Accomplishments and Chronic Illness

There are many times when I am told about someone’s life — what they’re doing, what they’ve done, their plans for the future — and, be it family member, friend, or complete stranger, I get absolutely sick with jealousy.  Like, actual jealousy, not envy, and that’s even worse.  Somehow, when I hear about other people’s accomplishments, I feel like they’re taking away my own.

When you have a chronic illness, your accomplishments move in slow motion.  You have to allow time for your body to catch up and heal before you can move on to your next project, sometimes before even moving to the next step of the one you’re on.  And trust me, you can’t bypass the rest time.  I’ve tried.  If you don’t stop, your body will make you stop.

If I can just stay within my own ill little world, I can manage.  I don’t think about things too much.  I do what I can, rest when I need to, and just keep moving at my own pace.  I usually get a lot more done when I’m in that world, but it often gets burst open.  I get news of a friend’s college acceptance, or see pictures of people full of energy, seemingly thriving in life, and it coats my eyes like dust.  I can’t see properly, it hurts, and the more I try to rub it out, the worse it gets.  I can’t see what I was doing anymore, only what they’re doing, and I certainly can’t remember why I was doing it.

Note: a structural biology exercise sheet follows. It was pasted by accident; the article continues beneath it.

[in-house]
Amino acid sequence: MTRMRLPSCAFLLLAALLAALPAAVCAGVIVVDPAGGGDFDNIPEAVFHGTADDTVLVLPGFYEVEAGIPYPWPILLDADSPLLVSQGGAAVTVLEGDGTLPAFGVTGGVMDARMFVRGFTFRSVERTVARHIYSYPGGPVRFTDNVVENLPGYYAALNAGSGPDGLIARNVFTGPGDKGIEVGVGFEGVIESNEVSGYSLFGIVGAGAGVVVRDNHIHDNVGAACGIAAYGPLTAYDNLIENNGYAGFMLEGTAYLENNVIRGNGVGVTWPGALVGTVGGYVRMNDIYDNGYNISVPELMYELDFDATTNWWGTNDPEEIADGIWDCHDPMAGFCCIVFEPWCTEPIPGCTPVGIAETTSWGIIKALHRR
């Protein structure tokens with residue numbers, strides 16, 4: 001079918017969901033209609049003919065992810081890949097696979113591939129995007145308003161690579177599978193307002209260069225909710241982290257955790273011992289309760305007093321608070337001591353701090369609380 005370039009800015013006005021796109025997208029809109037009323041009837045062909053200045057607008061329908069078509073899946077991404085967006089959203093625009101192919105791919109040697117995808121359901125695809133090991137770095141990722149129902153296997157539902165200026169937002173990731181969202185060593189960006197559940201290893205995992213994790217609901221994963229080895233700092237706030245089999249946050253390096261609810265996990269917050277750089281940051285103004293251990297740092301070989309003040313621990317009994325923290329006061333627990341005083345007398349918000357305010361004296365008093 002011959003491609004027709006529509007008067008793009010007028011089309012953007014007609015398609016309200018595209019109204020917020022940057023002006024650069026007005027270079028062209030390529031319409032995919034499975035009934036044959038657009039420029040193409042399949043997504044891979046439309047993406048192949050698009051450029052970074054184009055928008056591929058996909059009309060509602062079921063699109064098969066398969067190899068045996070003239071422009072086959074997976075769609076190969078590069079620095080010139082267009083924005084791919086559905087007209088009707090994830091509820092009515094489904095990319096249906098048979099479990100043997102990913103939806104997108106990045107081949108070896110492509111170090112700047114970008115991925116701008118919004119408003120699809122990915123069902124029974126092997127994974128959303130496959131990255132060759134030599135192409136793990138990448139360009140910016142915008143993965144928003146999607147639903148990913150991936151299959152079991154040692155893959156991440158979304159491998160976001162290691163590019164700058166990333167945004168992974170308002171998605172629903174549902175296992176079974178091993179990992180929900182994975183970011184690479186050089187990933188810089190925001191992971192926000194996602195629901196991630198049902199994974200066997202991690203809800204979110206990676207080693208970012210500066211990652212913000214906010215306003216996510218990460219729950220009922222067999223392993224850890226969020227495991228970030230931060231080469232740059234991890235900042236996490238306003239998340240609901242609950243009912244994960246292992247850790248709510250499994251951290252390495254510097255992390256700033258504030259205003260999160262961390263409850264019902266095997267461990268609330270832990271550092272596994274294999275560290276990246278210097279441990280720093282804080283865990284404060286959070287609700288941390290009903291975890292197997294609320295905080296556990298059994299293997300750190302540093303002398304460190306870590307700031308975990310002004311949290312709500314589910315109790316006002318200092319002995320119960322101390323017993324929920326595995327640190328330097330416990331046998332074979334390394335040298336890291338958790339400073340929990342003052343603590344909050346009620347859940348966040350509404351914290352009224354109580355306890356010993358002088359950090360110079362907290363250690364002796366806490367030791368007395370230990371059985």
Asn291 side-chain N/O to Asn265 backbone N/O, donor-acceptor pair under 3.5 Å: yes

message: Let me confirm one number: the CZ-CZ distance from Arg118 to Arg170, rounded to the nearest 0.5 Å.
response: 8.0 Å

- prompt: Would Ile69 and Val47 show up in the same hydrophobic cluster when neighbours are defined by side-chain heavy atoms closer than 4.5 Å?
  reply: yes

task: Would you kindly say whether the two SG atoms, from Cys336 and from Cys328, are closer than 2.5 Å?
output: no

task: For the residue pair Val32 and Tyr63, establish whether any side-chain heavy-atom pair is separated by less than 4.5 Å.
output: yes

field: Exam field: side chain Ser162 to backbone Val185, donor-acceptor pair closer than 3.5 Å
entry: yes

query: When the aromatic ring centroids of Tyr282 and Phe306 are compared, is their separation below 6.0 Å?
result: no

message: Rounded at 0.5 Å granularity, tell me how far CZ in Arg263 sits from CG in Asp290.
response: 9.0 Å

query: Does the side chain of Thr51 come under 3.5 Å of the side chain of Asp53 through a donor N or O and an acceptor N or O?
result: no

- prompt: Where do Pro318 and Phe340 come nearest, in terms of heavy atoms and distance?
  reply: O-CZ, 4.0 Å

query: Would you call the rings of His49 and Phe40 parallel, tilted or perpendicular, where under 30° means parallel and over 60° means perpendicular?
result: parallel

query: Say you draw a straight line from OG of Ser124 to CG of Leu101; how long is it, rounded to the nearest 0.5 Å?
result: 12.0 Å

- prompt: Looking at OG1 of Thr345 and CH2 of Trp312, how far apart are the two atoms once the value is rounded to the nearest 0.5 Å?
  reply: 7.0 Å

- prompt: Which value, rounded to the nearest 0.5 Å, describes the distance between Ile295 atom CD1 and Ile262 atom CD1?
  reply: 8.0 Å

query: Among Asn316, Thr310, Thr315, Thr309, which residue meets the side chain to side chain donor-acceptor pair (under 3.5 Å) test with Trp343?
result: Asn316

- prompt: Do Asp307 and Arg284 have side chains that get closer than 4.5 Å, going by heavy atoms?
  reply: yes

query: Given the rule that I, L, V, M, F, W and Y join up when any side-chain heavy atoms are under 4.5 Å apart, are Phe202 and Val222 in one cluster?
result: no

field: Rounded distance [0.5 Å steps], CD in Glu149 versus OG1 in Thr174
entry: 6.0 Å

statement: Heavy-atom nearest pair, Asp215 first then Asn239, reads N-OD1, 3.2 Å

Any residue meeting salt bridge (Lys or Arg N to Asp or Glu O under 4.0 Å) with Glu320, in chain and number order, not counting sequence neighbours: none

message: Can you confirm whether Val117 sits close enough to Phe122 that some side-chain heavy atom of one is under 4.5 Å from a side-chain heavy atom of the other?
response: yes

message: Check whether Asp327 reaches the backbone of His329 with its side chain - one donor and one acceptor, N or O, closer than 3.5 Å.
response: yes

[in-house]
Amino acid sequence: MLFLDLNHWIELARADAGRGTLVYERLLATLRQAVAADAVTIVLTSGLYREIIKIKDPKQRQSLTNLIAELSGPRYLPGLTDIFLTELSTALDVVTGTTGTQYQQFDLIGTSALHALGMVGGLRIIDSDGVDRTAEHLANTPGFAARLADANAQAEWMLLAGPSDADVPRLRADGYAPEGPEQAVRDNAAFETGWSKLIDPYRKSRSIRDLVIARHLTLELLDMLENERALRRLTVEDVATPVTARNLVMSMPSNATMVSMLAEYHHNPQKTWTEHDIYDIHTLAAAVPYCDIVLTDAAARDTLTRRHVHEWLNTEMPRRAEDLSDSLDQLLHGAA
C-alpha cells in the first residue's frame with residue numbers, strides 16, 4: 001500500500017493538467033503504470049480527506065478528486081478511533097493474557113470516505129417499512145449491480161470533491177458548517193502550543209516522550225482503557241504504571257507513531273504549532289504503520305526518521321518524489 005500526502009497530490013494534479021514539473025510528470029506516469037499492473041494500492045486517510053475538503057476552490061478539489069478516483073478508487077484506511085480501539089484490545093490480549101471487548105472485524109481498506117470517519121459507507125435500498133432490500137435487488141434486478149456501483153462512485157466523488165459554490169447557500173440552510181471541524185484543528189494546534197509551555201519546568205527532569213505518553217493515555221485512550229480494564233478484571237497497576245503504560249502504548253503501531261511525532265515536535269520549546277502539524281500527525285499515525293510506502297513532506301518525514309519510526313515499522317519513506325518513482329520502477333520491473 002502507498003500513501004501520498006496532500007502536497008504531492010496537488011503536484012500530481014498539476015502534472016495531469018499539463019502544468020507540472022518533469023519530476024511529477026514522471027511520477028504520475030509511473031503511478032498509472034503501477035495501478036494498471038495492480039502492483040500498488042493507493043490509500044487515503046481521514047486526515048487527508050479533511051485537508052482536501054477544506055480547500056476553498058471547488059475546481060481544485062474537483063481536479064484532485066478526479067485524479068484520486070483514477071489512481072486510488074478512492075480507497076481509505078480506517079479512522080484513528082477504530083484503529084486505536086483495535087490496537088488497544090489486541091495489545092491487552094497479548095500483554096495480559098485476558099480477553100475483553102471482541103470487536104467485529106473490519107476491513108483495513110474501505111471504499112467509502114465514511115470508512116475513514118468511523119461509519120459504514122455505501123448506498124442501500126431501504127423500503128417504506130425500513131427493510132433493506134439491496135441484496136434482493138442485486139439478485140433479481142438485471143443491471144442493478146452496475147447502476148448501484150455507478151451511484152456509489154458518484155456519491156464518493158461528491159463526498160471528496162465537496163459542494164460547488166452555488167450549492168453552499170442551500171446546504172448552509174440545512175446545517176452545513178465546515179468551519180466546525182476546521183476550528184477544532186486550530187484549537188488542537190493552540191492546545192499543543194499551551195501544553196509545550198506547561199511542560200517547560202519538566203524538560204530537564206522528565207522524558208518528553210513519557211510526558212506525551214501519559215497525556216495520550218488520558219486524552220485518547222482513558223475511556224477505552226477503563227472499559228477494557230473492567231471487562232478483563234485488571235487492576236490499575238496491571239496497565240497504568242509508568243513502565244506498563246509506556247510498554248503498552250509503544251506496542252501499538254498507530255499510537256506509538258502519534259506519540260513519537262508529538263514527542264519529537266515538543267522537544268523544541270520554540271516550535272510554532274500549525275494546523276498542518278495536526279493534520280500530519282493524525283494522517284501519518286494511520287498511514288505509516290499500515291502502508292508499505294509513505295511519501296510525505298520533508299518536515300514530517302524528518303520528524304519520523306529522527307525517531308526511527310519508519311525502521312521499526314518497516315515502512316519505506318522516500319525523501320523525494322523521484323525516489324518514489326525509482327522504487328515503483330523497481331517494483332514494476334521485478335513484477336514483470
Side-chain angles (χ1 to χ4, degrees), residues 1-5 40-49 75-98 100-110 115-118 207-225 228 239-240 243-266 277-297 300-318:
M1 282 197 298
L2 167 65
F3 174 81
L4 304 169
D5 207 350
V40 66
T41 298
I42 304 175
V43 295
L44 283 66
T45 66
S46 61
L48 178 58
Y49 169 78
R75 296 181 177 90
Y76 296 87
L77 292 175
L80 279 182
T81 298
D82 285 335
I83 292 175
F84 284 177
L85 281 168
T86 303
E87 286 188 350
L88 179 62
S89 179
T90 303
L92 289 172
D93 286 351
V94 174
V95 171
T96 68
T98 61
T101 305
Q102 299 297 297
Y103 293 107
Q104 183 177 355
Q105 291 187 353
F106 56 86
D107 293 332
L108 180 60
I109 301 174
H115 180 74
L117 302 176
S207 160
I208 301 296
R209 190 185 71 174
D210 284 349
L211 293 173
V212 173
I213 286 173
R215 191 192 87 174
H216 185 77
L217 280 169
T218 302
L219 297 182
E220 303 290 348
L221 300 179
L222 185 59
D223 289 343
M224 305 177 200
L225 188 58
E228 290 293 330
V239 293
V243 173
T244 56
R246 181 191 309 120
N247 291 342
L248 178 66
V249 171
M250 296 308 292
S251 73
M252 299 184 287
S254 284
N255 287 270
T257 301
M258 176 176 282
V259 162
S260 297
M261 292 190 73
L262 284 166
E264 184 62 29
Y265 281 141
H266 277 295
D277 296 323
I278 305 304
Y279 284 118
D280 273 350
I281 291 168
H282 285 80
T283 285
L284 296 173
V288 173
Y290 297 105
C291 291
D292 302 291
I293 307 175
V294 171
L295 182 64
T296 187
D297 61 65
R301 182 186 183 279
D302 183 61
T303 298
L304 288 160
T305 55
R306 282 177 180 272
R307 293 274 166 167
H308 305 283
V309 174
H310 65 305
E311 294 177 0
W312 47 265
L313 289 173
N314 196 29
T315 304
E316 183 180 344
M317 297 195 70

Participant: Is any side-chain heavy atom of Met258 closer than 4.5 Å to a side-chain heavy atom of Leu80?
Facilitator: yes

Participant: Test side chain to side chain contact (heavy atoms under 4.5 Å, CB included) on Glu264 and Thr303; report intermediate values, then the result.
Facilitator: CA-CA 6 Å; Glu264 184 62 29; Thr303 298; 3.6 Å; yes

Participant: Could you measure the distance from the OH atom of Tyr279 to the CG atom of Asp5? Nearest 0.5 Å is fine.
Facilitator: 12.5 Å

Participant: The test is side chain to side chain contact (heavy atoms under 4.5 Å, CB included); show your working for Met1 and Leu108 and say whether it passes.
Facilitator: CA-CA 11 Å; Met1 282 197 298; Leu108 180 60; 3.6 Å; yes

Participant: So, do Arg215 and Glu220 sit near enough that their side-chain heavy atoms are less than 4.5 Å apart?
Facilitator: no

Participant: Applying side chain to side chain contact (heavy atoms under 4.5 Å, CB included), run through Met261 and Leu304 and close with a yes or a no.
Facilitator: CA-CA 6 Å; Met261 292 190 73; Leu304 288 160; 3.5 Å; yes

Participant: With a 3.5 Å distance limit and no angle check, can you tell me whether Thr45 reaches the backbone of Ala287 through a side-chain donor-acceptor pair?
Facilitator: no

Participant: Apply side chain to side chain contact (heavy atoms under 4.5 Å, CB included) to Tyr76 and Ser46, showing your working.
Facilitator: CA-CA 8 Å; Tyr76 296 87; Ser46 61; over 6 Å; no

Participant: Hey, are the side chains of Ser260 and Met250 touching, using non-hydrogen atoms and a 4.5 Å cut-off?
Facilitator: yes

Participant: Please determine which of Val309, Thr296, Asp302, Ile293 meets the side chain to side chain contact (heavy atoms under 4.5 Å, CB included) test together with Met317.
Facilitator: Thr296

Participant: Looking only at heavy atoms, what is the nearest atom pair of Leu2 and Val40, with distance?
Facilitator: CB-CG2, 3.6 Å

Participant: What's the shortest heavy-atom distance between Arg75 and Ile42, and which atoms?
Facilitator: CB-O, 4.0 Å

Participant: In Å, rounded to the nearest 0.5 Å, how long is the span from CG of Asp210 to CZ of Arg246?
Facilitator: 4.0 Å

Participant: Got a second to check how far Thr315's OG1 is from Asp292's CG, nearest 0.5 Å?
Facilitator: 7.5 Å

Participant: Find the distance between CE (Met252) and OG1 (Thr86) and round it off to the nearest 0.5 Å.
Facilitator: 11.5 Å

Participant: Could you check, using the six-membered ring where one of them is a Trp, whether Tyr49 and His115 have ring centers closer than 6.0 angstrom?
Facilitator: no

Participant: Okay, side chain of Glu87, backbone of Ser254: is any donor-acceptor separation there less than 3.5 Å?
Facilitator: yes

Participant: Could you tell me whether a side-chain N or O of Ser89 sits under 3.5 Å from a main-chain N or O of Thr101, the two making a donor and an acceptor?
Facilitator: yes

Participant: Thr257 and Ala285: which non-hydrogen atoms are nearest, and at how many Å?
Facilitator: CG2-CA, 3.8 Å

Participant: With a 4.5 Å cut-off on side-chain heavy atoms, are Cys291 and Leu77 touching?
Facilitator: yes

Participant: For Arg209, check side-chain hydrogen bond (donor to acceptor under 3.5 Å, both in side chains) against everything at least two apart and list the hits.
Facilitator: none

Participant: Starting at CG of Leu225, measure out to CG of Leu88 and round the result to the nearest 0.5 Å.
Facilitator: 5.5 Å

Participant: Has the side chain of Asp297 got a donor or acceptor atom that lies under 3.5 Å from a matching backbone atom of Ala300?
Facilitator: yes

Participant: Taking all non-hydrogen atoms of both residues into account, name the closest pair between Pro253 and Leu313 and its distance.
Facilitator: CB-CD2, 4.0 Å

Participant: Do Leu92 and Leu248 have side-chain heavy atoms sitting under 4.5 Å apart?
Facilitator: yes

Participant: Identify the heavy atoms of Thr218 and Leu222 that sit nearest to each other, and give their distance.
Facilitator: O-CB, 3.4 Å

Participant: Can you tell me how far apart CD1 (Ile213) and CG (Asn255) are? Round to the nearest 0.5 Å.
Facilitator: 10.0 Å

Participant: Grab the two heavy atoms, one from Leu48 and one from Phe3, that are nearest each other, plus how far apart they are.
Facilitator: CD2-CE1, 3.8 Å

The images of other people’s dreams glue themselves over my own, and suddenly they’re my dreams, too.  Of course, they’re not really, but they seem like the only worthwhile ones to have, so I obsess over them, dwell on them until I am truly miserable.  I’m getting better at bringing myself out of this, but most often, the remedy is just time.  Eventually, my own passions push through again, demand to be heard.  I remember I am ill, but I am not dead.  I am not bedridden, I am not in a coma; I am alive and conscious, and though I cannot do as much as I could if I had all my health, I can do something.

And so I do.  Lots of little somethings, and I watch as they grow towards the bigger somethings in my mind.  I do not move at the world’s pace, and sometimes it asks why I’m moving so slowly, but I’m not.  I’m just moving.

Photo by freestocks.org on Unsplash

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Hannah

I'm Hannah. I'm 21, and chaotically creative. You can usually find me frustratedly hunched over some new craft I’m attempting, struggling to learn a new song on the ukulele, writing, drawing, singing, frowning or smiling at my camera depending on the success of my latest photo or video attempt, or sleeping.

4 thoughts on “Accomplishments and Chronic Illness”

  1. Dear Hannah, you are already a very accomplished young woman. Your strength is an inspiration to those who know you and I am proud to call you friend. XO, Mary C.

  2. I get jealous too. And I too had a chronic illness that held me back. Now that I’m healthy again, I’m struggling to find my footing again. My peers are graduating from university this year, while I’ll have to start from scratch at university, again.

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